At the end of the ninth round, a discussion in the corner of McClellan, between the fighter and his trainer Stan Johnson was picked up by Showtime’s microphone, but was mostly inaudible. The debate years later is that McClellan had told his corner he wanted to stop the fight, but his corner implored him to continue to fight. This possible conversation topic would be a battle that raged on for years about whether McClellan’s corner forced him to answer the bell for round ten, the last round of the fight, and McClellan’s career. A look back at this and the fact that this fight was the first without McClellan’s longtime trainer, Emmanuel Stewart, the man who had guided him through his career from Kronk Gym, is also another compounding factor to this tragic event.

 

Round Ten –

Round ten started differently from the other rounds. It seemed like Nigel Benn felt that his opponent was fading. On the other hand, McClellan seemed to be slow and was pulling up on punches. Benn engaged in an all out assault on McClellan and dropped him to a knee at the 1:58 mark of round ten. McClellan going to a knee was something that was a rarity, something that we watching the fight, had never seen. McClellan, due to heart, got up and signaled that he was ready to continue, but the onslaught that Nigel Benn unleashed for the next 5 seconds was too much and McClellan went to a knee again, this time for the count, ending both the fight and his career. Referee Alfred Asaro waved off the fight with McClellan still resting on his knee as the New London Arena went as crazy as Nigel Benn. The celebration of Benn’s victory was loud and should have lasted all night, for the champion had defended his title against the odds favorite and won in his own backyard. It should have been a great night for the British fights fans, but as the celebration started in and out of the ring, Gerald McClellan worked his way back to his corner and immediately collapsed. At first only McClellan’s corner realized that their fighter was in serious trouble. Every time they sat him up on his stool, he slipped down to the ring floor. Shortly after that, they ringside medical team summoned for a stretcher and everyone in the New London Arena realized that McClellan was involved in a medical crisis. As the emergency medical team worked to try to stabilize McClellan for transport to a local hospital, McClellan lost consciousness. McClellan would never rebound from the beating he took over those ten rounds.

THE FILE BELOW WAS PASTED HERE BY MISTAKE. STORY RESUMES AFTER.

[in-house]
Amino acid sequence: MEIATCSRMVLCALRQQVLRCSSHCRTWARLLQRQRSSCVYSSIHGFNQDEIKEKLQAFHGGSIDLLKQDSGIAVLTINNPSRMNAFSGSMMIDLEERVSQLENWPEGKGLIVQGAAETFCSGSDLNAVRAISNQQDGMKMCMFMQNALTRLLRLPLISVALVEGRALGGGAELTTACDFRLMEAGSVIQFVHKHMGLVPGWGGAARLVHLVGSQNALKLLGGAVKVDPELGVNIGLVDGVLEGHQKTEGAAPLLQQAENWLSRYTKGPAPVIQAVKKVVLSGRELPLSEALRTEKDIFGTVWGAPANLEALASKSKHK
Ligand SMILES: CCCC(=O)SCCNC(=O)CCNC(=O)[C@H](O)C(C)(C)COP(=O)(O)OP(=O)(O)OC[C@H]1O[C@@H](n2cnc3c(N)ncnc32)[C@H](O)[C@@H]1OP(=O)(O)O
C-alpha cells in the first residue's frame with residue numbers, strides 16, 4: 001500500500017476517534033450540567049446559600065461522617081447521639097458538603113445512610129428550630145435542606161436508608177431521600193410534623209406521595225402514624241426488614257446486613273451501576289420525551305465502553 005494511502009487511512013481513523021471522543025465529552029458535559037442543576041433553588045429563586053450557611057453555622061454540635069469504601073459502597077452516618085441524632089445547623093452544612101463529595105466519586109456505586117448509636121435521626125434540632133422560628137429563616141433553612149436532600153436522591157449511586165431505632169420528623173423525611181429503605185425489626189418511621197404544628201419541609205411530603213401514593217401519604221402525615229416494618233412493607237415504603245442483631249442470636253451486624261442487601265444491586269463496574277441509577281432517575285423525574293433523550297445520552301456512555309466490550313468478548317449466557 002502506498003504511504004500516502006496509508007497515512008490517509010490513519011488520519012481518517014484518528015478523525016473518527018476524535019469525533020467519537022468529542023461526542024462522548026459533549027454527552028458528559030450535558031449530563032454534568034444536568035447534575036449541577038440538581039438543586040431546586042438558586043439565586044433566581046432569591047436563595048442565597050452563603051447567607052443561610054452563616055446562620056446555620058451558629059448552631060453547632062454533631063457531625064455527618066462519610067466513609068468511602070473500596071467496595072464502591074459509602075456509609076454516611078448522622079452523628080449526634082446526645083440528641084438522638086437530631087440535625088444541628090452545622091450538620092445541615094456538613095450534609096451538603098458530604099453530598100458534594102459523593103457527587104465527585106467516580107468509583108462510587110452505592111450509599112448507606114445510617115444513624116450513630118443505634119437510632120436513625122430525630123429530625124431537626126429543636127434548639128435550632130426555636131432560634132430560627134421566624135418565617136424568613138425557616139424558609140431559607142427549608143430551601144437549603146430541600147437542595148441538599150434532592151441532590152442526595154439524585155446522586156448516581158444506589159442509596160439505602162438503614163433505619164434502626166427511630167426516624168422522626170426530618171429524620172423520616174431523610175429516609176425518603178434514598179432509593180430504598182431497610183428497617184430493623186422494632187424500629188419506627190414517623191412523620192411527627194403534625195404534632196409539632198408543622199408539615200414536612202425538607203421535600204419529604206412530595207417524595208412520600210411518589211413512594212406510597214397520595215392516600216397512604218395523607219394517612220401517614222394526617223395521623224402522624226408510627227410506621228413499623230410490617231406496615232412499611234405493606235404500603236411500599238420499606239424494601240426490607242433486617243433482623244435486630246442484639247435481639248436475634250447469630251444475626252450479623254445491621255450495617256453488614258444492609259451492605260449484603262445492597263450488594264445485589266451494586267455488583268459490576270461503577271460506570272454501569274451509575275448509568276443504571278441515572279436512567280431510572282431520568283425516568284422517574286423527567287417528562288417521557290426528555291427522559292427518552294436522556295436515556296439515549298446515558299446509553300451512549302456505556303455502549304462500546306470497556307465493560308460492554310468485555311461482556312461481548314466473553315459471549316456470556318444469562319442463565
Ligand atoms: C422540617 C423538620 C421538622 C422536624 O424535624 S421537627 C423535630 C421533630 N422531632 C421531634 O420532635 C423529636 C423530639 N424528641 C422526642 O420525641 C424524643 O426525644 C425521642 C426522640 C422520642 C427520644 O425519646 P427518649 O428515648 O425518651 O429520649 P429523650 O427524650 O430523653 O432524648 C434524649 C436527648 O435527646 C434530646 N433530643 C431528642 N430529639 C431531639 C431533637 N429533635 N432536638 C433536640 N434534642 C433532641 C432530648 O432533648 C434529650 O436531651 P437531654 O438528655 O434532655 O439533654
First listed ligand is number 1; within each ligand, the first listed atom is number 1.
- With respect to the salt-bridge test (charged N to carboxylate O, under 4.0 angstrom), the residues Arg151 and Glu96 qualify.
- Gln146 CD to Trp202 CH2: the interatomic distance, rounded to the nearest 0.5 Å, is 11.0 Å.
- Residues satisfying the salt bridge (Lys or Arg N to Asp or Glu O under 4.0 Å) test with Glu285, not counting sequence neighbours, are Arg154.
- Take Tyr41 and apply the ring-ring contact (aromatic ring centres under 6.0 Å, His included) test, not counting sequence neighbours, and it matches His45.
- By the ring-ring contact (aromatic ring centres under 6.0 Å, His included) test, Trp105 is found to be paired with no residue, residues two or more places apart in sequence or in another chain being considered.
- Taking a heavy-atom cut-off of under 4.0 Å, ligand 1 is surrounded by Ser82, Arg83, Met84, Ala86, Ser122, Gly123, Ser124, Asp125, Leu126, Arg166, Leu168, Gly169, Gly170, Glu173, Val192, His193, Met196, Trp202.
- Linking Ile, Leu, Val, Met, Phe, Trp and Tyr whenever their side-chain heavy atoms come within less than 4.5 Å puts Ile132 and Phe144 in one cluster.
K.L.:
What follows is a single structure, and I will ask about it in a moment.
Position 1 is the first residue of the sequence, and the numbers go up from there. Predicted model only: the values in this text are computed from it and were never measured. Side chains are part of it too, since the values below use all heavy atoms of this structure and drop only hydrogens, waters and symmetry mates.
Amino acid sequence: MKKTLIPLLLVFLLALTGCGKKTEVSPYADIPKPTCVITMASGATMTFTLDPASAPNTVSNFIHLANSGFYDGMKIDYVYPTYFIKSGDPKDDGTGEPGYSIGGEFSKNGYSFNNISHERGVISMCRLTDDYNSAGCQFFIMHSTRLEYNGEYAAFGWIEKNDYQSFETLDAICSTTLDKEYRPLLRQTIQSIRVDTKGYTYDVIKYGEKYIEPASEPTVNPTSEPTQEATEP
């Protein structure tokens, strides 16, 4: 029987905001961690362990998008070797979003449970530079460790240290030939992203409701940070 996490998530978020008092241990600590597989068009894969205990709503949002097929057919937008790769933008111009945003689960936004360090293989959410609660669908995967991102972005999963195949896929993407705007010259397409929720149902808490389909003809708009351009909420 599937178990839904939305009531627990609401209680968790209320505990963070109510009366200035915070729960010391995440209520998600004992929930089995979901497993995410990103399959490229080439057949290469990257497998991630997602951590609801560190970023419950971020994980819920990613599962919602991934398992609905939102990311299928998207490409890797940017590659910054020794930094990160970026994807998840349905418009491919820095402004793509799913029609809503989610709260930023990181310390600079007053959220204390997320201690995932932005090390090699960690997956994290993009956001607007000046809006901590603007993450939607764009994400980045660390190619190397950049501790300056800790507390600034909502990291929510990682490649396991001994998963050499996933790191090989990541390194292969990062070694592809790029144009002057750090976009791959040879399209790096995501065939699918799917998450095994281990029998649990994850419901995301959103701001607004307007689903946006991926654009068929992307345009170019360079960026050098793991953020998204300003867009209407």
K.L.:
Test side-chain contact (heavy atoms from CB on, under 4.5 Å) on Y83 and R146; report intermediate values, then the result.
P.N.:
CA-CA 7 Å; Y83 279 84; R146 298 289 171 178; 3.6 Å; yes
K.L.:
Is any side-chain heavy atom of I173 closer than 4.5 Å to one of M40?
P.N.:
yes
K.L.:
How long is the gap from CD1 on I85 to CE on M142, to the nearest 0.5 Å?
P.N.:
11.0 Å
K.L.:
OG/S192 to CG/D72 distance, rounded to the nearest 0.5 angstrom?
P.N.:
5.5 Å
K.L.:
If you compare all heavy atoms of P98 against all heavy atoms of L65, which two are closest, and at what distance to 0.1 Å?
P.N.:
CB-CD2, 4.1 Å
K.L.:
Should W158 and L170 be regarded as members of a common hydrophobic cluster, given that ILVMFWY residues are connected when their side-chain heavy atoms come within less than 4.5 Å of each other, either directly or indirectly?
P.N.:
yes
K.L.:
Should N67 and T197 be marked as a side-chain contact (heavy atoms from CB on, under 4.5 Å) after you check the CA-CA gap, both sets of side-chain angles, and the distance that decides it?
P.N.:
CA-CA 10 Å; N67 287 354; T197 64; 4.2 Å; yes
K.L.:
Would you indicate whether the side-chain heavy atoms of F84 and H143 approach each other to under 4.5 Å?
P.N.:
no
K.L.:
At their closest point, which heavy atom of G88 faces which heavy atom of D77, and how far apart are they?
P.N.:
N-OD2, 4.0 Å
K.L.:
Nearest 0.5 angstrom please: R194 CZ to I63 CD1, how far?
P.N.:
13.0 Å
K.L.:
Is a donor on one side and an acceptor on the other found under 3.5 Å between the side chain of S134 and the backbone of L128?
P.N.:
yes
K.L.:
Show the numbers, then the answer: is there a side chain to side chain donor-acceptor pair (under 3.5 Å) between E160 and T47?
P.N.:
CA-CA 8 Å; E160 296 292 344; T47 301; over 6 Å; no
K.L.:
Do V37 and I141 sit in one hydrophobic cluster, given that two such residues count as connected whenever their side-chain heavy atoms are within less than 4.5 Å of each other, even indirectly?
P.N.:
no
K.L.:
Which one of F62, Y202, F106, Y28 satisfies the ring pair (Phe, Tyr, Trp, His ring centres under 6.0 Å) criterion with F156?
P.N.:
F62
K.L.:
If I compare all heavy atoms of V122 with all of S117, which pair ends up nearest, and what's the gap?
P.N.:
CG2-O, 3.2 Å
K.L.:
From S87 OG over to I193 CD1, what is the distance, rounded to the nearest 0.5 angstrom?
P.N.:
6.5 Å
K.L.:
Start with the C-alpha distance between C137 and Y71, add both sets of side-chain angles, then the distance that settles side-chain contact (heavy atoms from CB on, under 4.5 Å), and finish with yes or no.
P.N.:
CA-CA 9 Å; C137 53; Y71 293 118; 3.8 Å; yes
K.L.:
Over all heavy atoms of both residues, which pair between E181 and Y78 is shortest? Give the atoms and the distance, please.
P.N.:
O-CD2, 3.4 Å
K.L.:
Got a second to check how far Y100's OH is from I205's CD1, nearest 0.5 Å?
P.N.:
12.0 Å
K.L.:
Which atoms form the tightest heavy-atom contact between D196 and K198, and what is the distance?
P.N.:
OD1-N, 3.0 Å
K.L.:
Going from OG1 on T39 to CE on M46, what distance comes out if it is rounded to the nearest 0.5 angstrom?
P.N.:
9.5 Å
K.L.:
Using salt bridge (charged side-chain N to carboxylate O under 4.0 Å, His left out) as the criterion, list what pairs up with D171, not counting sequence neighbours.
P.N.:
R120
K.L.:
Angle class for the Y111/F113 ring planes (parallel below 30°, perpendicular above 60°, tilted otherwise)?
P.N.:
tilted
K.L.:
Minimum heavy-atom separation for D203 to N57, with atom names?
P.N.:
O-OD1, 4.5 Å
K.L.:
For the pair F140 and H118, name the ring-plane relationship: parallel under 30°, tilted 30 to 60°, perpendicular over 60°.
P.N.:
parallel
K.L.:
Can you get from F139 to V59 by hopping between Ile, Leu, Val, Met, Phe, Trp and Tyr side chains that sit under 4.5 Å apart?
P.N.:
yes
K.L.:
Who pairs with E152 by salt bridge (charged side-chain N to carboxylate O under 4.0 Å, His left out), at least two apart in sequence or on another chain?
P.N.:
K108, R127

Aftermath –

Gerald McClellan was rushed to the Royal London Hospital where it was found that he had developed a blood clot to the brain. McClelland was immediately sent into surgery to try to remove the clot. After the bout, Benn also collapsed in his locker room from exhaustion and was rushed to the same hospital as McClellan. It was reported that Benn was wheeled into the cubicle right next to his fallen opponent in the hospital. Benn got up, walked over, grabbed and kissed McClellan’s hand, telling him he was sorry.

 

After surgery, he spent eleven days in a coma and it was after that doctors found a large extent of brain damage. McClellan was found to be completely blind, partially deaf and unable to walk on his own. His short term memory is almost non-existent. When Gerald was released from the hospital, he was flown back to his hometown of Freeport Illinois, where he was under the constant care of his sister, Lisa McClellan.